scored a major hit with Scott Joplin's "The Entertainer," from the score to The Sting.
In our time and place, the ragtime band to beat is the River Raisin Ragtime Revue. Based in Tecumseh and with a number of killer classical players from Ann Arbor in its ranks, the Revue has played gigs with the Detroit Symphony and run programs through Greenfield Village, as well as appearing once a season in town. This year, they'll be performing a Black History Month concert at the First Congregational Church on Sunday, February 13.
On the program will be music from Scott Joplin's epoch-making opera Treemonisha and from Clorindy: The Origin of the Cakewalk, the first African American musical revue to play on Broadway, plus assorted works by Jelly Roll Morton, Maceo Pinkard, James Reese Europe, and others. The Revue will be joined by the Metropolitan Opera soprano Anita Johnson for the Joplin as well as selected intimate settings of chamber music by African American composers.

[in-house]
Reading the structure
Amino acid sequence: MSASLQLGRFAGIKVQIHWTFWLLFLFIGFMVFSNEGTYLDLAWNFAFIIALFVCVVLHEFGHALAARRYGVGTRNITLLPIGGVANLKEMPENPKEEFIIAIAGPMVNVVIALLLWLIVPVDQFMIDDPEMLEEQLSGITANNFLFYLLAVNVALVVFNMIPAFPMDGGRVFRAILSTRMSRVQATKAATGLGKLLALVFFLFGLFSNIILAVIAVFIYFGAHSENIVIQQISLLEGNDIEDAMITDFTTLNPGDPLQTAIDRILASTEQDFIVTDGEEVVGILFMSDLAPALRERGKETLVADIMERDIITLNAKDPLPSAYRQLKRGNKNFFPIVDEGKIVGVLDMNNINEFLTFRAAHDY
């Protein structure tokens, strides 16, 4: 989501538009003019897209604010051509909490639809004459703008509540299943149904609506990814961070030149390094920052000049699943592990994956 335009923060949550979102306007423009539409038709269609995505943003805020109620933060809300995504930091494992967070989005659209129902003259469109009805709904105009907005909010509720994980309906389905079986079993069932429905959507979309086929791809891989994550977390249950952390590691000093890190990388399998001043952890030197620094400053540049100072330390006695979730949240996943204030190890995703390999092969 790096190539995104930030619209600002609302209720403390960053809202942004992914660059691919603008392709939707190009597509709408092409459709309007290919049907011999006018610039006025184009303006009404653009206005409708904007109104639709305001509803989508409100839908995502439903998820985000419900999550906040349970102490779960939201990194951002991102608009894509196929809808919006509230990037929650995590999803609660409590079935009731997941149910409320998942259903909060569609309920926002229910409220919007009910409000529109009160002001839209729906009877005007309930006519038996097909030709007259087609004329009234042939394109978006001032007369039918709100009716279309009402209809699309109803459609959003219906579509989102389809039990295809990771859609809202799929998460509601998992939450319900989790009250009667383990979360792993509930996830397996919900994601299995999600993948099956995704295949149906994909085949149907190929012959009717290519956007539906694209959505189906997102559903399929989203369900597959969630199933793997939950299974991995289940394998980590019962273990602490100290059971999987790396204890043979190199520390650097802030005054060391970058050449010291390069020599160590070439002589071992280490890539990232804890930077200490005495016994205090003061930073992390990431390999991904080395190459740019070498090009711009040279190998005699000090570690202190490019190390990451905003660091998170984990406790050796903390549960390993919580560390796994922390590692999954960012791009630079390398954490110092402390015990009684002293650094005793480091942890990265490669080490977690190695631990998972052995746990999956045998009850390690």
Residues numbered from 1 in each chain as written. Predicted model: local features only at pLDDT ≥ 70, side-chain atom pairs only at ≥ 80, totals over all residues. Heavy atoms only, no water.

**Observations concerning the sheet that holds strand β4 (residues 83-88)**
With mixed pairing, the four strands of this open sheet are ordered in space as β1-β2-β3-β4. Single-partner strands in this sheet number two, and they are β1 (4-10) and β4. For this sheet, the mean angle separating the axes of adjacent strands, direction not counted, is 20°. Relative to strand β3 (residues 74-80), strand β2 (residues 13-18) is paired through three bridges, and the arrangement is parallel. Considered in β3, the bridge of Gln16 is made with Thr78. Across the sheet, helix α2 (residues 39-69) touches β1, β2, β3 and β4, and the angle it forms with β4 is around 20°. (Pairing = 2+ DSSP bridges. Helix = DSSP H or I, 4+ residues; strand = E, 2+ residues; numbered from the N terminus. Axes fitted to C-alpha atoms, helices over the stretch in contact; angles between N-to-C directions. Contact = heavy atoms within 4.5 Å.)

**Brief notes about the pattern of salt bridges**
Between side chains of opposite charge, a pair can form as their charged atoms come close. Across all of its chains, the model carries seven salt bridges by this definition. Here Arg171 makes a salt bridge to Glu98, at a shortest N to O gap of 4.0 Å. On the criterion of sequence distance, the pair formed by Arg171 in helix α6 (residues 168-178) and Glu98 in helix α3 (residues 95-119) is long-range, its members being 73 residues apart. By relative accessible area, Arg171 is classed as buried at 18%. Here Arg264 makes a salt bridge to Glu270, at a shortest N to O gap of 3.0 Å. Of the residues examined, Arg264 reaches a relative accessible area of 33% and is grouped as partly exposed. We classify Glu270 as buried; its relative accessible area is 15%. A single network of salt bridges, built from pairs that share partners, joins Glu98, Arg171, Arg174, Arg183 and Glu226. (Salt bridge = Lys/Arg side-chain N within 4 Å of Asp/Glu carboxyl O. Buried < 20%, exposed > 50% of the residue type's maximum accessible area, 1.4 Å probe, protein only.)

I've heard both of the Revue's CDs--The Red Back Book: Standard High Class Rags and Ragtime Detroit! Michigan's Contribution to America's Original Music--and they're snappy, snazzy, stylish, and altogether charming. Made up of five horns, a string quartet, piano, tuba, and drums, the Revue currently features such well-known local classical players as Kiri Tollaksen on cornet and Barbara Sturgis-Everett on violin, and it's a delight to hear the band cut loose on the merry melodies of "Maple Leaf Rag" and the robust rhythms of "Rastus on Parade."